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Сan I create new schemas in the Jira database?

Hello,

We have Jira Server version 8.13.0.
I need to put the views in a separate schema (not public) and provide the USAGE for that schema to the new user.

Сan I create new schemas in the Jira database?
Can problems and errors occur if I create another schema in the database of Jira?

Screen_6.png

 

3 answers

0 votes
Pramodh Community Leader Feb 10, 2021

Atlassian doesn't recommend this 

To reduce errors in futures where you may upgrade the instance go with public schema.

Thanks,

Pramodh

FYI,

If you still want to change the schema.

Configure it first for public and then change it

https://confluence.atlassian.com/jirakb/change-the-schema-name-for-jira-database-tables-282173461.html

Thanks,

Pramodh

Pramodh Community Leader Feb 10, 2021

Here's a Jira issue on best using public schema

https://jira.atlassian.com/browse/JRASERVER-64886

0 votes

In the world of databases, the word "schema" is a little bit overloaded.

If by "schema in database", you mean "another database named differently running in the same service", then yes, it's absolutely fine.  In fact, it's very common to see people using the Atlassian stack with one database service running for multiple applications.

So you have stuff like:

  • jdbc:postgresql://mydatabaseserver:5432/jiradb
  • jdbc:postgresql://mydatabaseserver:5432/confdb
  • jdbc:postgresql://mydatabaseserver:5432/bbdb

However, if you are asking about creating things inside the Jira database - no, do not do that.

Pramodh Community Leader Feb 10, 2021

Yes @Nic Brough _Adaptavist_

Creating a separate database in the Postgres server is allowed. When we create a database in the Postgres server, by default it has a public schema. Using public schema is recommended.

What @Aizhan Rayeva was mentioning was creating a separate schema in a database, which Atlassian does not recommend.

OK, we can't create a schema (Actually, I realized that even if it is possible, in our situation this will not solve the issue).
But we need to give the new user access to multiple views in the Jira database.
We created a user and gave him the grants to "select" these views, but it turned out that this user sees the entire database structure, a list of all tables, functions, views, indexes in the public schema.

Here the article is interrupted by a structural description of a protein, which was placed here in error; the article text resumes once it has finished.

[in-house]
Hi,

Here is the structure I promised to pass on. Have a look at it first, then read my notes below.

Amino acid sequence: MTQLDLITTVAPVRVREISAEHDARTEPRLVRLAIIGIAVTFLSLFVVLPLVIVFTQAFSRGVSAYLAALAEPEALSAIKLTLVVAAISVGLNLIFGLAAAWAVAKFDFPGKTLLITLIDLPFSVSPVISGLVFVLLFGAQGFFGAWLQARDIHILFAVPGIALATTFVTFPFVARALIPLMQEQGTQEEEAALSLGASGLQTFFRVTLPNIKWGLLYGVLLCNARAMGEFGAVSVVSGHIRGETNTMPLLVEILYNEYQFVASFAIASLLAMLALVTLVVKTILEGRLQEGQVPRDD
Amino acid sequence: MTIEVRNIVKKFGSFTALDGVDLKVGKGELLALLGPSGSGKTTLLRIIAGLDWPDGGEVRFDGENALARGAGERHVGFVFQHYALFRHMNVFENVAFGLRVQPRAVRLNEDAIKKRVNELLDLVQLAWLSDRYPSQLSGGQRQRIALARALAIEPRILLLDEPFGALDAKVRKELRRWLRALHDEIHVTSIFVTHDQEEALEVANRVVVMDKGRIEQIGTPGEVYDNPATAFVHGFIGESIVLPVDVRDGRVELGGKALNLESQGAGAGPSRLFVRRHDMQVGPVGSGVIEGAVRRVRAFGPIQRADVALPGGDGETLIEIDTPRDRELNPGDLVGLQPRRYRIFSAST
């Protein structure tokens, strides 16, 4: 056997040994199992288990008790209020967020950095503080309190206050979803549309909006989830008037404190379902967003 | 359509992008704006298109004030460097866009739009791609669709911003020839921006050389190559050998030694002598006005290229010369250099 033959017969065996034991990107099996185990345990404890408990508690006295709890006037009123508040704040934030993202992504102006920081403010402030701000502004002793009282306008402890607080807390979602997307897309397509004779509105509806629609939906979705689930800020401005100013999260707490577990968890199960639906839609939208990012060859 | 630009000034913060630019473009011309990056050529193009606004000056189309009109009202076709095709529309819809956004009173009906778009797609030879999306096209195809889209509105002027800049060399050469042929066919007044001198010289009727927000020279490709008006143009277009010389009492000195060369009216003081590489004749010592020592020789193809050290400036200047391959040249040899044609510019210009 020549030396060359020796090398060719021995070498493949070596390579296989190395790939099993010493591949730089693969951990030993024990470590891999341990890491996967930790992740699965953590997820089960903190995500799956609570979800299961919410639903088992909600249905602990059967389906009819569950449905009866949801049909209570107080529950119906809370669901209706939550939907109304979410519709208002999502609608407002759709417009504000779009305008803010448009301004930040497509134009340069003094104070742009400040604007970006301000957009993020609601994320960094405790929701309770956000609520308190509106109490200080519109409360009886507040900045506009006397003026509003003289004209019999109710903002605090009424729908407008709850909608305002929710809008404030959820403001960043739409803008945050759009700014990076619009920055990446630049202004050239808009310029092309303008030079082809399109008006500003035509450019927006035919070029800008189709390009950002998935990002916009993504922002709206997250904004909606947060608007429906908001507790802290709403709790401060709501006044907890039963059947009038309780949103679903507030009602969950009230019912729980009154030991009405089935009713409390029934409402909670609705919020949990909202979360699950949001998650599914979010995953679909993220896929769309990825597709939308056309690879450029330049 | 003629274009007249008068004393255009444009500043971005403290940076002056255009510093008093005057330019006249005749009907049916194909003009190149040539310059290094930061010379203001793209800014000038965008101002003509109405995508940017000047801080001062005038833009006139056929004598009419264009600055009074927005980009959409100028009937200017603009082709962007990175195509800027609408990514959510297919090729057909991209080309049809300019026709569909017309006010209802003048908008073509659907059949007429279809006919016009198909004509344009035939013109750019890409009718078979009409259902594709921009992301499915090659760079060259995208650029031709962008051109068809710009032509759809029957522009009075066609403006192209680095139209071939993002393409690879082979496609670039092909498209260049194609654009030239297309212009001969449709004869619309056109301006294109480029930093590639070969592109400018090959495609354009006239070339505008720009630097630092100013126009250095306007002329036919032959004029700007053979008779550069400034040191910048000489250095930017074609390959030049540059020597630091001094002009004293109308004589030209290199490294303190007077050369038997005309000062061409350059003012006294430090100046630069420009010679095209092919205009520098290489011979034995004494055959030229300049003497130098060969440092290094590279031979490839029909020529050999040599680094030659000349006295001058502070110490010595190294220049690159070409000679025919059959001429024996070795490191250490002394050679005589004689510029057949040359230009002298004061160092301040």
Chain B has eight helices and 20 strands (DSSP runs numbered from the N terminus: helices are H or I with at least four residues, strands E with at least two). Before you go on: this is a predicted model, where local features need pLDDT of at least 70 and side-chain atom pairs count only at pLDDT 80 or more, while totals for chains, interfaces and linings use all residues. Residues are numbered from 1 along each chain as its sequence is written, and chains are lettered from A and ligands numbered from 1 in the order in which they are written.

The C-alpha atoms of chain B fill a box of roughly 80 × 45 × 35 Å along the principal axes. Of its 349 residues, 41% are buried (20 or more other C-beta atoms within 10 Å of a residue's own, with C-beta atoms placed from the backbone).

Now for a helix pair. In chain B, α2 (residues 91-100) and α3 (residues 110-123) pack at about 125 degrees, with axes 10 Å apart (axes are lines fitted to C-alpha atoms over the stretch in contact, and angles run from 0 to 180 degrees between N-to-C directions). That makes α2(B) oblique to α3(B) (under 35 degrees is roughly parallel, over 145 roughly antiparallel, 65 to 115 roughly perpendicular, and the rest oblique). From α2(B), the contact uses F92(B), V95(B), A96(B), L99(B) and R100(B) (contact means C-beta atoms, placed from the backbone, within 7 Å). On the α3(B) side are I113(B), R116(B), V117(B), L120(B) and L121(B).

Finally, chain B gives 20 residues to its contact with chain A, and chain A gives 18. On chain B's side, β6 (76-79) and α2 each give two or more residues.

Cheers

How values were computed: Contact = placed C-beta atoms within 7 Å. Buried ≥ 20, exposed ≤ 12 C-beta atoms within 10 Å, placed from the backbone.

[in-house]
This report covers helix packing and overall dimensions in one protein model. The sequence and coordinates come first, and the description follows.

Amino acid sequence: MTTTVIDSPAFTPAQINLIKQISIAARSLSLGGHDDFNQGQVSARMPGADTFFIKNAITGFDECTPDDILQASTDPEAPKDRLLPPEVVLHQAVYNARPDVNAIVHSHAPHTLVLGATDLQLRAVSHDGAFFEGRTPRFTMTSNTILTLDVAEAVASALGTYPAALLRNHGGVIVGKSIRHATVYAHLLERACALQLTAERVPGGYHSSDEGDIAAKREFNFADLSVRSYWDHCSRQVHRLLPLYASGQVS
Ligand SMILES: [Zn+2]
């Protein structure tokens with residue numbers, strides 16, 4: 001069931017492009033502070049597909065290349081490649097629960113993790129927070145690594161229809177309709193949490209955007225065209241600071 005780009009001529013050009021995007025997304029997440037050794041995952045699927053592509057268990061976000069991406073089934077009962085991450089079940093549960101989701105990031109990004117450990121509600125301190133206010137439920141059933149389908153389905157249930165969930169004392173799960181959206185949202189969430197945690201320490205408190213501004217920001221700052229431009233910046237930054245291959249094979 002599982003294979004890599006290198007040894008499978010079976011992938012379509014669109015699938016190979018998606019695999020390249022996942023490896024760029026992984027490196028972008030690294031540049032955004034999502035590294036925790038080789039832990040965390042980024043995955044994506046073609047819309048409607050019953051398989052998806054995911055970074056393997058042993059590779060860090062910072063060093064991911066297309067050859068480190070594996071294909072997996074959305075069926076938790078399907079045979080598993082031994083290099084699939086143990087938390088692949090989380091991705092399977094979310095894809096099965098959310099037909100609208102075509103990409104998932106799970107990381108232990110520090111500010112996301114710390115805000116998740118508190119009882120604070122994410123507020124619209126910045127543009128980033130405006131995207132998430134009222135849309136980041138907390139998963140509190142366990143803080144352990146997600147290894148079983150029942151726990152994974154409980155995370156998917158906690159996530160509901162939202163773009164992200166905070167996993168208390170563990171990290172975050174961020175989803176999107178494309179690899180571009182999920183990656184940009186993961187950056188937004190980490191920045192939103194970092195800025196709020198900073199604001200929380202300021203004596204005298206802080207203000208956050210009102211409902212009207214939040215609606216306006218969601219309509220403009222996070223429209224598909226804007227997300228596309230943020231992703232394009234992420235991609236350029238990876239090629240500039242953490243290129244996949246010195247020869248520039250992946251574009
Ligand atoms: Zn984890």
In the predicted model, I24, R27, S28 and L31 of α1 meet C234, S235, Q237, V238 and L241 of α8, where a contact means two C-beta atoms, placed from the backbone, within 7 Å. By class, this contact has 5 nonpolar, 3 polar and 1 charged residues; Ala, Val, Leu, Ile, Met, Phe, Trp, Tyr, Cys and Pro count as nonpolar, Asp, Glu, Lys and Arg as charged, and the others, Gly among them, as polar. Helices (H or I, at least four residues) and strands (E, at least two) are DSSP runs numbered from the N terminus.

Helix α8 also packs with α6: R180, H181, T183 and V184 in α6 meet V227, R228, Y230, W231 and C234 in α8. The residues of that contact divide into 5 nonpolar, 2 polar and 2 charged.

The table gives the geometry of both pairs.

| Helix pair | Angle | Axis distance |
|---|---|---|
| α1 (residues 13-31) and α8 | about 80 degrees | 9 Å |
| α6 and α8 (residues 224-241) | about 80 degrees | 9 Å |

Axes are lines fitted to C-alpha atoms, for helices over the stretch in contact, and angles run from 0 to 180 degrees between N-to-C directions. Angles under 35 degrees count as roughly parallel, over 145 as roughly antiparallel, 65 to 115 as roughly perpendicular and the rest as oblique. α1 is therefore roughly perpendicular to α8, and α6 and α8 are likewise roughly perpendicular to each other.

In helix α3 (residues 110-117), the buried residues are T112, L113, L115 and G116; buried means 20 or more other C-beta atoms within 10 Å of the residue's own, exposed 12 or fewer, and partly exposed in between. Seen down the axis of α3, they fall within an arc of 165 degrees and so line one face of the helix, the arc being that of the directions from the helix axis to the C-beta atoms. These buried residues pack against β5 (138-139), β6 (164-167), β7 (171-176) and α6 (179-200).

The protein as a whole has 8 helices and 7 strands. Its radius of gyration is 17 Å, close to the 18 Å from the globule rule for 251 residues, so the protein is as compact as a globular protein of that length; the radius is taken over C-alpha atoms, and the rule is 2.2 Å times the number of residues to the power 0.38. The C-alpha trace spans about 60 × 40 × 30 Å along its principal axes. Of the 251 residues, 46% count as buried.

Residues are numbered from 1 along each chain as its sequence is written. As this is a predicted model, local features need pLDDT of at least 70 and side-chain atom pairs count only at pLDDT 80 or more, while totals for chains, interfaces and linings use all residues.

The user cannot update, remove or select the data, but the fact that the user can open and view the table parameters is really strange.
Is there some way to hide all of this from the user?

Pramodh Community Leader Feb 10, 2021

Yes, the problem is solvable.

Create a separate database for Jira and give them access.

 I want to question why you think you want to give anyone access to the views?  Of what use is it?

Like Pramodh likes this

Hello  @Nic Brough _Adaptavist_ 

I don’t want to, it is necessary. The user team wants to receive information directly from the database, they don't want to receive data through the request of REST API.
We can't provide access to the database by hiding the structure?
You wrote that we shouldn't create things in the database. Not even views, functions, and new tables?

It is the worst way they can possibly try to report on Jira. 

Your user team needs to be told that, and told to stop trying to do things the wrong way.

You should not allow them any access to the database. 

More to the point, yes, you are correct.  You should never create views, functions or new tables.  You are unsupported the instant you do anything like that.

Like Aizhan Rayeva likes this

Hello @Nic Brough _Adaptavist_ 

Sorry to bother you with questions. We created a new database on the Jira test server and there created views via dblink. Access to the user was granted only to select these views. Could this lead to any problems and adverse consequences?
I understand that it is logical to use rest api, but users ask why getting data from the database is the worst and wrong way to try report?

Best Regards, 

Dana

Yes, it will.

You will find that even the most simple of queries are hard to build, can thrash the database (so that everyone suffers performance issues) and because the database is not designed for reporting, you rapidly end up with reports that are simply wrong, because your users do not have a comprehensive understanding of exactly how Jira stores the data.

Oh, and you are, of course, totally unsupported as soon as you do this.  If you ever have any need to raise a support request, then technically, Atlassian could simply say "we're not going to help until you've deleted all these database changes"

Don't do it, it's a nightmare forr your users.   Use proper reporting tools.

Like Aizhan Rayeva likes this
0 votes
Pramodh Community Leader Feb 10, 2021

Here's the solution @Aizhan Rayeva 

Say you have a Postgres server.

Create a separate Database for Jira. Don't worry about schema here.

You should be able to grant permissions on that database if I have my basics right in DB.

So what's the issue here?

May I know more if I'm missing anything here!

Please let me know.

hello @Pramodh 

Is this a solution:
- Create a new empty database on the server (template0). For example "jiraviews";
- Create views in new DB which will select data from the DB of jira;
- add grants to the user on the new database;
?

Pramodh Community Leader Feb 11, 2021

Yes. you can only modify the permissions, other than that don't do any modifications to the database you have created.

You should test this out first in the test instance and make sure all is working fine and give only read permissions to the user if that's really required.

OK. We will try and check this solution.

Thank you @Pramodh 

Like Pramodh likes this

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